American Rescue Plan can give disabled adults freedom of choice for care
COVID-19 has made the vulnerabilities in our nation’s nursing homes painfully clear. And now, millions of Americans are suddenly realizing that many people with disabilities, including older adults, can live more safely at home than in a nursing home or other institutional setting while receiving the care they need.
In response to this new national consensus, the American Rescue Plan Act includes an unprecedented $12.7 billion for states to expand Medicaid “Home and Community-Based Services” programs. To our nation’s Medicaid directors and other state leaders, take note: this new funding represents an unprecedented chance to allow more people the choice and control to remain in their homes and communities.
This is a phenomenal opportunity. And millions of people and families will be better off for it. But investment in this solution is a start, not the end game. States should use these dollars to go beyond allowing home-based care. They should encourage it for young people with disabilities, older people who are dependent on others to help them with the basic daily functions and people at any age who are paralyzed or live with a chronic condition.
For the millions of eligible Americans, self-directing their home and community-based services can be their best option for remaining independent and safe. Through self-direction programs, people with disabilities have the choice and control to determine when and how they receive help. They are able to recruit, hire, and manage their own workers. Many people in these programs require help with what most of us take for granted: critical and intimate activities like dressing and using the bathroom. Having the option to hire someone who you know and trust — including family members or friends —is life altering.
Those of us who advocate for self-direction know from both personal stories and concrete data that those who have opted for this choice report increased satisfaction when compared to other home and community-based programs. Research shows that people with disabilities who self-direct lead healthier, happier, and more independent lives. I deeply believe that individuals’ and families’ lives can be made better through this model. Further, innumerable human stories speak to why self-direction can be the difference between “living your best life” and “getting by.” That difference really matters.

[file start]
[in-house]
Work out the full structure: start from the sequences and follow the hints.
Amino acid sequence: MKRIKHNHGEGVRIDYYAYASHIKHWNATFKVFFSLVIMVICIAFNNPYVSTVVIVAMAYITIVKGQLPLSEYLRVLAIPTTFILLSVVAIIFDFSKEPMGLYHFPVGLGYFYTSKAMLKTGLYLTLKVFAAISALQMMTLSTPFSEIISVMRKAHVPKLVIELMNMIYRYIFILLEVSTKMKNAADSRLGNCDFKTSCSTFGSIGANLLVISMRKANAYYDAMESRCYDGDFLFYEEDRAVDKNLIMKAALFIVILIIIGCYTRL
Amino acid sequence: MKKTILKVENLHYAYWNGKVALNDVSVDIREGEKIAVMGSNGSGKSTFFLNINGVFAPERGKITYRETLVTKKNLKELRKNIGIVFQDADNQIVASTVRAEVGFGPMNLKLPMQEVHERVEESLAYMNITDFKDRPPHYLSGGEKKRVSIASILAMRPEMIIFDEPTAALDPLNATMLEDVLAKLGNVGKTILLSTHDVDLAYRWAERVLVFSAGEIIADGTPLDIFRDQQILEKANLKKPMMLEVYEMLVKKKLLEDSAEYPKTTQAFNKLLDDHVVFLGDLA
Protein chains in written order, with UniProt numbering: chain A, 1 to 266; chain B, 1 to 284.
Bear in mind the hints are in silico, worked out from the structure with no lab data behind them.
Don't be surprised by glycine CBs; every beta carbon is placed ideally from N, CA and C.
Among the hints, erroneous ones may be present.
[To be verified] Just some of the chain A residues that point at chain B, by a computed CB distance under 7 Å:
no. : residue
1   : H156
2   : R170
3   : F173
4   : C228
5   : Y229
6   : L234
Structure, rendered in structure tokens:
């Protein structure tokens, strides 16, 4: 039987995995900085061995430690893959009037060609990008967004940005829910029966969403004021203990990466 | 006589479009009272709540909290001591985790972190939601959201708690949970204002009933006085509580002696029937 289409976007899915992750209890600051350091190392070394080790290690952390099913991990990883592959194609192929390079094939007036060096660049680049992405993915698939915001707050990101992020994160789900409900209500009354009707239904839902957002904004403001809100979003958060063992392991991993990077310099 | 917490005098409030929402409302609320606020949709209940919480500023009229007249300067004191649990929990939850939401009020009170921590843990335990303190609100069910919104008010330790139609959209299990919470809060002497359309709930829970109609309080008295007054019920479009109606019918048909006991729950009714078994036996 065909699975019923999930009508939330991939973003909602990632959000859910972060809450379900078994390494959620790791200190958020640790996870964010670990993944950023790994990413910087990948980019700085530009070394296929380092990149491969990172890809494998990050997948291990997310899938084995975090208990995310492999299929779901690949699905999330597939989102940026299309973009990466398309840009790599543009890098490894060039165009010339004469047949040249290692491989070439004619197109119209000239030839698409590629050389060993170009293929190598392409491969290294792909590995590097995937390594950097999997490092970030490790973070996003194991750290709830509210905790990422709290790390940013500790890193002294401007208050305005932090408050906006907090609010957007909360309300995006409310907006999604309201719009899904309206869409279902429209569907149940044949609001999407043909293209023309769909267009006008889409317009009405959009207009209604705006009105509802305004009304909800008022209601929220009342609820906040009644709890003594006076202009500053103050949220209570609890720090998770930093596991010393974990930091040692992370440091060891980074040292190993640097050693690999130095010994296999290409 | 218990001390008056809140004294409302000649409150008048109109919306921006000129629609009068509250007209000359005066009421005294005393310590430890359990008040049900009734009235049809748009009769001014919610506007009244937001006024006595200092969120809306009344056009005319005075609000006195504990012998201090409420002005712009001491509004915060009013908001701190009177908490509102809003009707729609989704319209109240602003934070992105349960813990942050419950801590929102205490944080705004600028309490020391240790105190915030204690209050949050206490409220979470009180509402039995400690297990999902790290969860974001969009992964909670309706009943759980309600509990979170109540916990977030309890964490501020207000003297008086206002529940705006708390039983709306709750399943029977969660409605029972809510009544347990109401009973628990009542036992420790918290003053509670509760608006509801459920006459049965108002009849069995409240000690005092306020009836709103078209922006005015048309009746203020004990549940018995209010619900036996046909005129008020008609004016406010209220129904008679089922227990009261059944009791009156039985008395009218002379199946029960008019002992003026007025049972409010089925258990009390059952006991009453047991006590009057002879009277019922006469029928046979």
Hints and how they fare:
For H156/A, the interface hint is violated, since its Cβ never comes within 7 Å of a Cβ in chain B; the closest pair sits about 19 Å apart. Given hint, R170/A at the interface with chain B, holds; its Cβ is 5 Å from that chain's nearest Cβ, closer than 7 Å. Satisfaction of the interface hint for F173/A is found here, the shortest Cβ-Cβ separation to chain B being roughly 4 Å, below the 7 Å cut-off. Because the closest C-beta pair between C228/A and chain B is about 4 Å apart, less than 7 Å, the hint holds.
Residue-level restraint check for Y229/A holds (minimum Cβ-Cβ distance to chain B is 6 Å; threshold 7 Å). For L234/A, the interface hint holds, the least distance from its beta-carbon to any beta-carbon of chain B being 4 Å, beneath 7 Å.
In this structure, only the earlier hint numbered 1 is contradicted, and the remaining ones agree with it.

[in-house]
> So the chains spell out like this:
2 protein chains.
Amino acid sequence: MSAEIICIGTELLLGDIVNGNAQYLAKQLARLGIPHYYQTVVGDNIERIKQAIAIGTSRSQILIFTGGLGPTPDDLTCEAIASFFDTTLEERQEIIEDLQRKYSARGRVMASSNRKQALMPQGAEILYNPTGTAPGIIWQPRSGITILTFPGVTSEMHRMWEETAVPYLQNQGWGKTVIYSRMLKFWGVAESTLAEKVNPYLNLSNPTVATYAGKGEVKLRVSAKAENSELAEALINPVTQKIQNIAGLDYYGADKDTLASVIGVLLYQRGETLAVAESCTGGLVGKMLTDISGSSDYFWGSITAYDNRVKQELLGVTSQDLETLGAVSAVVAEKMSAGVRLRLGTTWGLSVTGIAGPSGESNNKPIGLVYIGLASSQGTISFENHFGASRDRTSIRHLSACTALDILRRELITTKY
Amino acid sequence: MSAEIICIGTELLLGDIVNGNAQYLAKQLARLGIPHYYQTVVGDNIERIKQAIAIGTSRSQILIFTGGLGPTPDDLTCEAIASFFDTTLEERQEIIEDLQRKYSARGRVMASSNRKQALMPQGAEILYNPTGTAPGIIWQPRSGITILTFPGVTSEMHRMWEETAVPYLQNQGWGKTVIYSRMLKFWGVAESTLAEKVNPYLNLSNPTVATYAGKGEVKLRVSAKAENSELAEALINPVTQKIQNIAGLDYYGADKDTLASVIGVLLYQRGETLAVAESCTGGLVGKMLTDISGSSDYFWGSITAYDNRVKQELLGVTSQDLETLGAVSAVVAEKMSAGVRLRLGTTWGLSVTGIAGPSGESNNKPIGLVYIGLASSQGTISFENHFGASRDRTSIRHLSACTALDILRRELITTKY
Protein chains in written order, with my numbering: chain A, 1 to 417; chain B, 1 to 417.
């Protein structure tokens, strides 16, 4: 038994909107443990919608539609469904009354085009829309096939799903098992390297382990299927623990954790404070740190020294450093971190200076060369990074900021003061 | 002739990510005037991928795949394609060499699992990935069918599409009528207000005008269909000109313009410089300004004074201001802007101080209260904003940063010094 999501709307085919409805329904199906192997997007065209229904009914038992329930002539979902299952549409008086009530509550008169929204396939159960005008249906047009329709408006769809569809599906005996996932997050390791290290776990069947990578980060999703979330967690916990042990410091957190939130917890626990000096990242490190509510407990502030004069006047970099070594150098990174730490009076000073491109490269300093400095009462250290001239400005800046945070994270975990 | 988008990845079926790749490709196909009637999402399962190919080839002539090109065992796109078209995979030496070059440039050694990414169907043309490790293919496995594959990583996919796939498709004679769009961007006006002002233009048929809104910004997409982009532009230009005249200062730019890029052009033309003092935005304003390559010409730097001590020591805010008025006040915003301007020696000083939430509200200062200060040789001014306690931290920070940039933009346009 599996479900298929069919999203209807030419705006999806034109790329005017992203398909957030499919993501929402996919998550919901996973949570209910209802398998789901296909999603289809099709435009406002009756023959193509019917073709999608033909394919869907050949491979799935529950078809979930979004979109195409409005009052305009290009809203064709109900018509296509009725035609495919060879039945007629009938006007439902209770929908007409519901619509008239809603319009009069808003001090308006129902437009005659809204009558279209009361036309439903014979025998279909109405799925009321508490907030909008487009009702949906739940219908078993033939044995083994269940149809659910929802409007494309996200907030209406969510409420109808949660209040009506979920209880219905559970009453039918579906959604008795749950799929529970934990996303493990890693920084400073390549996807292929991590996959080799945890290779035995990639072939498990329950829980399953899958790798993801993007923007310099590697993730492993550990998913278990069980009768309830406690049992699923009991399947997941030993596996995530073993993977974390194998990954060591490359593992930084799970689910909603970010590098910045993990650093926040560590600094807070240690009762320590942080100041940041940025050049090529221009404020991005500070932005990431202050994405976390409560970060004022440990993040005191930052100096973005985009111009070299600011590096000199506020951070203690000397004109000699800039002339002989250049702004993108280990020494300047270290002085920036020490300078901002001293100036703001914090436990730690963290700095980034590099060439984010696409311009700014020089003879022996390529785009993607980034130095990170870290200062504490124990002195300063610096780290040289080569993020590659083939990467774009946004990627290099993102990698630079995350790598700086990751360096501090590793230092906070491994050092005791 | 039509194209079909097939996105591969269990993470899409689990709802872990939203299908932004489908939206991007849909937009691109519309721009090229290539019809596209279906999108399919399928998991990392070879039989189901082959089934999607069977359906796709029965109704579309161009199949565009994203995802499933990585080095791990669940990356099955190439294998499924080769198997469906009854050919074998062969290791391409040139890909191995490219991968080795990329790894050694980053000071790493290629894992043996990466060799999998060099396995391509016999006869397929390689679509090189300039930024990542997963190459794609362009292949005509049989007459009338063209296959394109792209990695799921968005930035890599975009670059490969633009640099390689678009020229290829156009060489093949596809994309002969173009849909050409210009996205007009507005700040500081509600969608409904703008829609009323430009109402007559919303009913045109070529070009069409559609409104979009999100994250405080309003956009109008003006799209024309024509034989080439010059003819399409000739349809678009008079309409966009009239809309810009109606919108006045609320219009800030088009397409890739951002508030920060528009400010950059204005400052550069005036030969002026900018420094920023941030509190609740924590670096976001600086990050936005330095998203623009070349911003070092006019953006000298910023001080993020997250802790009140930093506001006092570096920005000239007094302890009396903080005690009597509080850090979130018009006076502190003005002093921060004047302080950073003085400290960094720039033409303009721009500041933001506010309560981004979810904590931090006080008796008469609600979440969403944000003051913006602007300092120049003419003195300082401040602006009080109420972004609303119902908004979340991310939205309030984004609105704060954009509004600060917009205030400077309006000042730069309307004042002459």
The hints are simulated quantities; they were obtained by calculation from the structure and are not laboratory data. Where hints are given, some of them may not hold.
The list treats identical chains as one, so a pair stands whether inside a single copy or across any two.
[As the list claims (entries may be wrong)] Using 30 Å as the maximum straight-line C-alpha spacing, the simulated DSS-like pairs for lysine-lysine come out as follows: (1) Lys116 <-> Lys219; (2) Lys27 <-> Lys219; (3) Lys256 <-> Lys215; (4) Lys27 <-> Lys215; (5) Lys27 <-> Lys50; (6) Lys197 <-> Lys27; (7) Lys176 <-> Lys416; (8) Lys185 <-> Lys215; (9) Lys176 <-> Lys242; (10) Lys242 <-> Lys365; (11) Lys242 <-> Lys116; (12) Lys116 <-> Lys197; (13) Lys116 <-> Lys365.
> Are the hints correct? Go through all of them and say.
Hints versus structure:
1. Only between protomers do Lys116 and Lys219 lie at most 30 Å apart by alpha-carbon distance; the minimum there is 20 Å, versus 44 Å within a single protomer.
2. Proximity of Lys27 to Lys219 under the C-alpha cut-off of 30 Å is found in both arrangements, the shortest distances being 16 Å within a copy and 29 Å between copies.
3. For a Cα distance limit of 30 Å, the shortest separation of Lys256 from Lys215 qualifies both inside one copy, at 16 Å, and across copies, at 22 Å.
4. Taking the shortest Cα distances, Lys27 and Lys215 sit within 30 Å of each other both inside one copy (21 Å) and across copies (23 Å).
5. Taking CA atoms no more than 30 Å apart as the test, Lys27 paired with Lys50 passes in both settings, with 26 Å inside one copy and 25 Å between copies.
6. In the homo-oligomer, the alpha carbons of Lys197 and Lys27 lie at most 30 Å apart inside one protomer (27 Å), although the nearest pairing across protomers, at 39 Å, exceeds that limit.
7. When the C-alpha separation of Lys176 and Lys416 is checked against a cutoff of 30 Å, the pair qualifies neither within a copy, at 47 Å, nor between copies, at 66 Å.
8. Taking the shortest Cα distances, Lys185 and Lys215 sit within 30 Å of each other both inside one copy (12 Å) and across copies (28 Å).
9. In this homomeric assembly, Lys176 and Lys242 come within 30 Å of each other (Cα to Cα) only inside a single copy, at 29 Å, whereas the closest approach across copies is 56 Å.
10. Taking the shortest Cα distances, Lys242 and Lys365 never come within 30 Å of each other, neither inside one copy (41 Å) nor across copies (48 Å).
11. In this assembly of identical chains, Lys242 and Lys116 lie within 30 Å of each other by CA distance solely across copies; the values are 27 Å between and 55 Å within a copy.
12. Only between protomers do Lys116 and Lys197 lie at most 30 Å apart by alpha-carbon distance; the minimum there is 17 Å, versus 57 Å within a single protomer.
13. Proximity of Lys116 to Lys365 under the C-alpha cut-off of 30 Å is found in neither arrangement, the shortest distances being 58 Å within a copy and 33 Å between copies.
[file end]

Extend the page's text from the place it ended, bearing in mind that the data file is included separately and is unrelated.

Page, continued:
Self-direction isn’t some obscure program. It has actually grown steadily over the last ten years. As of 2019, there were over 1.2 million people directing their own care in the U.S. alone. But, unfortunately, depending on where you live, you might not have access to this option. Some states only offer small self-direction programs with long wait lists (there are over 800,000 people on Medicaid waiting lists nationwide) or only to certain populations. Your neighbor with developmental disabilities might be self-directing, while your elderly neighbor just wishes she could hire someone she knows and trusts to provide care. This shouldn’t be an arbitrary option for some and not others.
And beyond the benefit to people with disabilities and their families is this: self-direction helps address the well-documented direct care worker crisis. If you can’t find someone you would like to hire in your area, what about your neighbor, your brother, or your daughter? The freedom to make these choices should be obvious.
The COVID pandemic has only highlighted the power of self-direction. People who self-direct were able to feel safe knowing their workers were taking proper precautions against the virus under their supervision. With many workers already living in the same home, they weren’t exposing themselves to additional people outside their bubble.
What started on a small scale 50 years ago (thanks in large part to devoted advocates with disabilities and their supporters), with total bipartisan support, is now available to some degree in all 50 states and the District of Columbia. And, importantly, we know that self-direction has built-in rules that are consistently successful at preventing fraud and abuse. Research on the impact of COVID on self-direction enrollment is still emerging. But we already know that New Mexico and Florida have increased their self-direction enrollment during the pandemic. There are reports suggesting that many more states are experiencing a similar phenomenon.
What’s missing — and what the new funding to states allows — is the opportunity to expand opportunities for many more people who would want to self-direct. People with disabilities deserve the option to live in the home of their choice. But they also deserve the flexibility to manage their own services and decide for themselves when and how they will receive help and who will provide it.
It’s important to note that this new funding is only available to states for the next twelve months. Let’s use this time to showcase what can be possible when home and community-based services receive the funding these programs need. Advocates and legislators are already hard at work fighting to make this funding permanent. Using the new enhanced funding creatively to expand options such as self-direction can help to prove why continued funding is so crucial.
All states need to do is affirmatively act, because the opportunity to live better lives for millions of our most vulnerable people, courtesy of the new relief package, is now easier — and better funded — than ever.
Kate Murray is principal and cofounder at Applied Self-Direction
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